I was struck last year, as I worked to understand mercy better, by the difference between mercy and kindness.
If I had not focused on meekness earlier in the year, when I defined meekness and where I discussed being gentler with the ones we love, I probably would have defined mercy in terms of being kind. However, as I thought about it, it hit me that “mercy” is more than being kind and gentle – in a very important and fundamental way that has direct relevance to blogging.
Meekness includes gentleness and benevolence – which includes kindly generosity. Being meek means reacting with kindness – by being gentle in our response to others. For example, meekness is the central concept in Proverbs 15:1 – where it says, “A soft answer turneth away wrath.” In other words, meekness comes into play whenever something needs to be done or said – by mitigating the harshness that naturally would accompany a “rebuke” and helping us “say it as gently as possible”.
Mercy, on the other hand, encompasses “soft answers” (since they do not “inflict harm” to the same degree as “hard answers”), but it goes beyond meekness in that it often requires us to give no answer at all – to inflict no harm, even to the more minor degree that a meek response would cause. It requires us to “turn the other cheek” – an act of full mercy (not striking back although “justified”) NOT merely meekness, as I have assumed previously. In this way, someone can be meek (gentle and kind) without being merciful (fully non-judgmental and understanding and forgiving), but it is impossible to be merciful without being meek.
Let me use one example from the life of Jesus to illustrate this point – and to show that meekness and mercy are not required always of a righteous judge. When Jesus cleared the temple, He was neither meek nor merciful. He acted forcefully and dispensed justice energetically. He was able to do so “righteously” for two reasons:
1) As the designated God of this creation (the divine representative of the Father), He had authority over the temple which had been built as His house. He was the “Master of the House” in the fullest sense. He had the right to enforce rules for what happened inside that house. (For an interesting discussion of this in our own world, see You Make the Call: Holiday Party Edition.)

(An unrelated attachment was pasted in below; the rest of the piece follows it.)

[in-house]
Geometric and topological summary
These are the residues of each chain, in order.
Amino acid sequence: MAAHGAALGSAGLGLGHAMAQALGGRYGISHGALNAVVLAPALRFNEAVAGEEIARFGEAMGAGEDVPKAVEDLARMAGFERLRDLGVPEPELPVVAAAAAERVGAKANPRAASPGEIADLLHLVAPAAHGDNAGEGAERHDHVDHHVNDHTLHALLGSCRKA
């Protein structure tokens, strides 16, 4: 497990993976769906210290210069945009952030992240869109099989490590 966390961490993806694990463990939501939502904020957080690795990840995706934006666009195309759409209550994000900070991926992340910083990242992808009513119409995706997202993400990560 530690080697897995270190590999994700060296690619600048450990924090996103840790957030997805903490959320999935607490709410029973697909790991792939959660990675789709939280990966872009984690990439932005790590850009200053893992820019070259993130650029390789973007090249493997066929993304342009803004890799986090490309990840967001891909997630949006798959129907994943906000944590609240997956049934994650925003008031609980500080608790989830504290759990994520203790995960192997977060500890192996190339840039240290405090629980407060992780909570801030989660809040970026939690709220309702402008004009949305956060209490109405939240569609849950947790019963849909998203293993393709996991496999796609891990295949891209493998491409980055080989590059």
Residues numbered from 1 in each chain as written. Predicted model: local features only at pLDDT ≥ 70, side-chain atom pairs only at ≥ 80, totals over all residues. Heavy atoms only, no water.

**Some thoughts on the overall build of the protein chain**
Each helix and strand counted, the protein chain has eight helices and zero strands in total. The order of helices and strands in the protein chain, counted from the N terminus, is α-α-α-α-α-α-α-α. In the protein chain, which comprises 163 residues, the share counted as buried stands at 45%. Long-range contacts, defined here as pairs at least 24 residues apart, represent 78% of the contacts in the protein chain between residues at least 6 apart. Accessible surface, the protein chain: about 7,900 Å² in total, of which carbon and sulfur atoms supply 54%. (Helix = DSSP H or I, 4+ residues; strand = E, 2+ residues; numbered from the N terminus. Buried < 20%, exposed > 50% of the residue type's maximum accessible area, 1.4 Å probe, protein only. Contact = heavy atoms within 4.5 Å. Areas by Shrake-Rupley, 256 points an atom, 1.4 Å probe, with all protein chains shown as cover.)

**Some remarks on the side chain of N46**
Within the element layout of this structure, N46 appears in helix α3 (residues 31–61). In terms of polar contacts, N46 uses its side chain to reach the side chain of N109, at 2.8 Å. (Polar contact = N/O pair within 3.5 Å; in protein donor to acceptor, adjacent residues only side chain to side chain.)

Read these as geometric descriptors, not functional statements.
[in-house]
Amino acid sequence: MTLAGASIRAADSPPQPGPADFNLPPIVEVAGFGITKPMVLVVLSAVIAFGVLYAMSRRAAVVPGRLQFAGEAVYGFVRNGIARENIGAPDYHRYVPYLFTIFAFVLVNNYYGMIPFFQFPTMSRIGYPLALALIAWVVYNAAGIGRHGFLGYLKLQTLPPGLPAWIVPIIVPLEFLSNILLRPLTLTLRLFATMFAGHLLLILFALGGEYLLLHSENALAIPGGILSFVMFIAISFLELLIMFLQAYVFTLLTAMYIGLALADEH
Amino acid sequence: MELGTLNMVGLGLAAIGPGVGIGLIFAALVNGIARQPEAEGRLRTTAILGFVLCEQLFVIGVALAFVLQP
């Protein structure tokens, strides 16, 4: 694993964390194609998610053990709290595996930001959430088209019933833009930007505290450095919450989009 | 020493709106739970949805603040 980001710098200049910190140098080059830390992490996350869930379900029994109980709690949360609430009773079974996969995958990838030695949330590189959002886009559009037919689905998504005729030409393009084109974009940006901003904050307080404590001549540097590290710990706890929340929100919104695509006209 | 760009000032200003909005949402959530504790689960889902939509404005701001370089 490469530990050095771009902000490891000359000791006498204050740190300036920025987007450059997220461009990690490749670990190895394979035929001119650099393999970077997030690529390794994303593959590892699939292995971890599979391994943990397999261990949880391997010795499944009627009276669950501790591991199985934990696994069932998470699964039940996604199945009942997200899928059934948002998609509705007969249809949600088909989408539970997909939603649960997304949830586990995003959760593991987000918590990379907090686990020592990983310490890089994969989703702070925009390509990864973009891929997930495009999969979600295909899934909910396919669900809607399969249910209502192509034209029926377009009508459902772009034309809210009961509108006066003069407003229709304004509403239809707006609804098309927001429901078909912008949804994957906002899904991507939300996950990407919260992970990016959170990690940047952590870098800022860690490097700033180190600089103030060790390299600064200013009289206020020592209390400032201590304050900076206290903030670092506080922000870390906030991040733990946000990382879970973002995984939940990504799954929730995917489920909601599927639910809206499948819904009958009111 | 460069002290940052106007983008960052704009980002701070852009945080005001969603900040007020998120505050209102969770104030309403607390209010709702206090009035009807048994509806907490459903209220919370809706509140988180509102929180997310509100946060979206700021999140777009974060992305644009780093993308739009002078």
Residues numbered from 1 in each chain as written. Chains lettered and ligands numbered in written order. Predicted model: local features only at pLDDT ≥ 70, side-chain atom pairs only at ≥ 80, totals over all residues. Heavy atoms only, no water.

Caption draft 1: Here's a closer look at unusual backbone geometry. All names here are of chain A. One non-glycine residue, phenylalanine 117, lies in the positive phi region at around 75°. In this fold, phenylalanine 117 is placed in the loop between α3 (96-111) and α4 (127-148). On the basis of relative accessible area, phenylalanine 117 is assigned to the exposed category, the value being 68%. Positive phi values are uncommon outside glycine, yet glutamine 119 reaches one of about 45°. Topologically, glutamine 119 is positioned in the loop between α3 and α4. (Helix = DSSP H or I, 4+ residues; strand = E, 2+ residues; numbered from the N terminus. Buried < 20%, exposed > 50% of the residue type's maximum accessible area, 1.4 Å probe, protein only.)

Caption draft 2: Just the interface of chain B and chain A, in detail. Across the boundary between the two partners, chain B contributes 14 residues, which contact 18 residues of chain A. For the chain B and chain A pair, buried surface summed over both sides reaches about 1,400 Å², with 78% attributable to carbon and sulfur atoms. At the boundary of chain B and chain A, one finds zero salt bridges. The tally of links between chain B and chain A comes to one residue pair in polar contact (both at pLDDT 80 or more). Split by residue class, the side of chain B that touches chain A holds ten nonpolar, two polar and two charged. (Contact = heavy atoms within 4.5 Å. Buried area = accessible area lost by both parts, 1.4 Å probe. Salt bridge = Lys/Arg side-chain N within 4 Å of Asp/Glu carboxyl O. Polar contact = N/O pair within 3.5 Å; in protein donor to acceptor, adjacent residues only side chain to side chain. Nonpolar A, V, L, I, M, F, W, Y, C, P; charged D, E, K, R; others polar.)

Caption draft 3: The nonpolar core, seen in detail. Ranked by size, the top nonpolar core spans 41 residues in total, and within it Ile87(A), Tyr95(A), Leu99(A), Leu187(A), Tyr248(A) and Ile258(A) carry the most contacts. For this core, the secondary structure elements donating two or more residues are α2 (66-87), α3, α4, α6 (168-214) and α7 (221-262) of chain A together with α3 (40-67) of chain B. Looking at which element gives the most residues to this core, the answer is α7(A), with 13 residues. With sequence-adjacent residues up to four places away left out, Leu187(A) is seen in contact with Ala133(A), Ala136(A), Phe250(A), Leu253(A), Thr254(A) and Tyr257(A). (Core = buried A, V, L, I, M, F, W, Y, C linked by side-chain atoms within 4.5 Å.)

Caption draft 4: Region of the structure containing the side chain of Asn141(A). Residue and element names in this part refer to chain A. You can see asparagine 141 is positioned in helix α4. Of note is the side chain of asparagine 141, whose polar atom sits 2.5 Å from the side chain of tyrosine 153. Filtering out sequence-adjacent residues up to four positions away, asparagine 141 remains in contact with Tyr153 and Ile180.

2) As the Eternal Judge, he had the authority to administer justice – literally to choose whatever action was “correct” for that situation. He could see the big picture and “judge righteous judgment“.
There are times, when moved upon by the Holy Ghost, that we may act legitimately with neither meekness nor mercy – when we may “reprove betimes (occasionally) with sharpness (precision)” – since these instances explicitly are directed by a member of the Godhead. All other times, when we are not acting through direct communication from deity, we are told to be either merely meek or truly merciful – by inflicting as little harm as possible through gentleness and kindness or no harm at all through mercy. That is a fine line that must be drawn, I believe, in each and every instance – which is one reason why the Gift of the Holy Ghost is so critical to our progression and growth.
What are the implications of this concept for Mormon Matters? How does this applty to the way we intereact with each other in this sort of on-line community? How does the attainment of this objective vary in this type of setting from one in which we interact face-to-face? Are there downsides to meekness and mercy here and, if so, what are they? How can we balance this directive with the desire (or occasional need) to defend and correct – or act as an administrator and moderator?
“betimes” does not mean “occasionally” — it means “early”.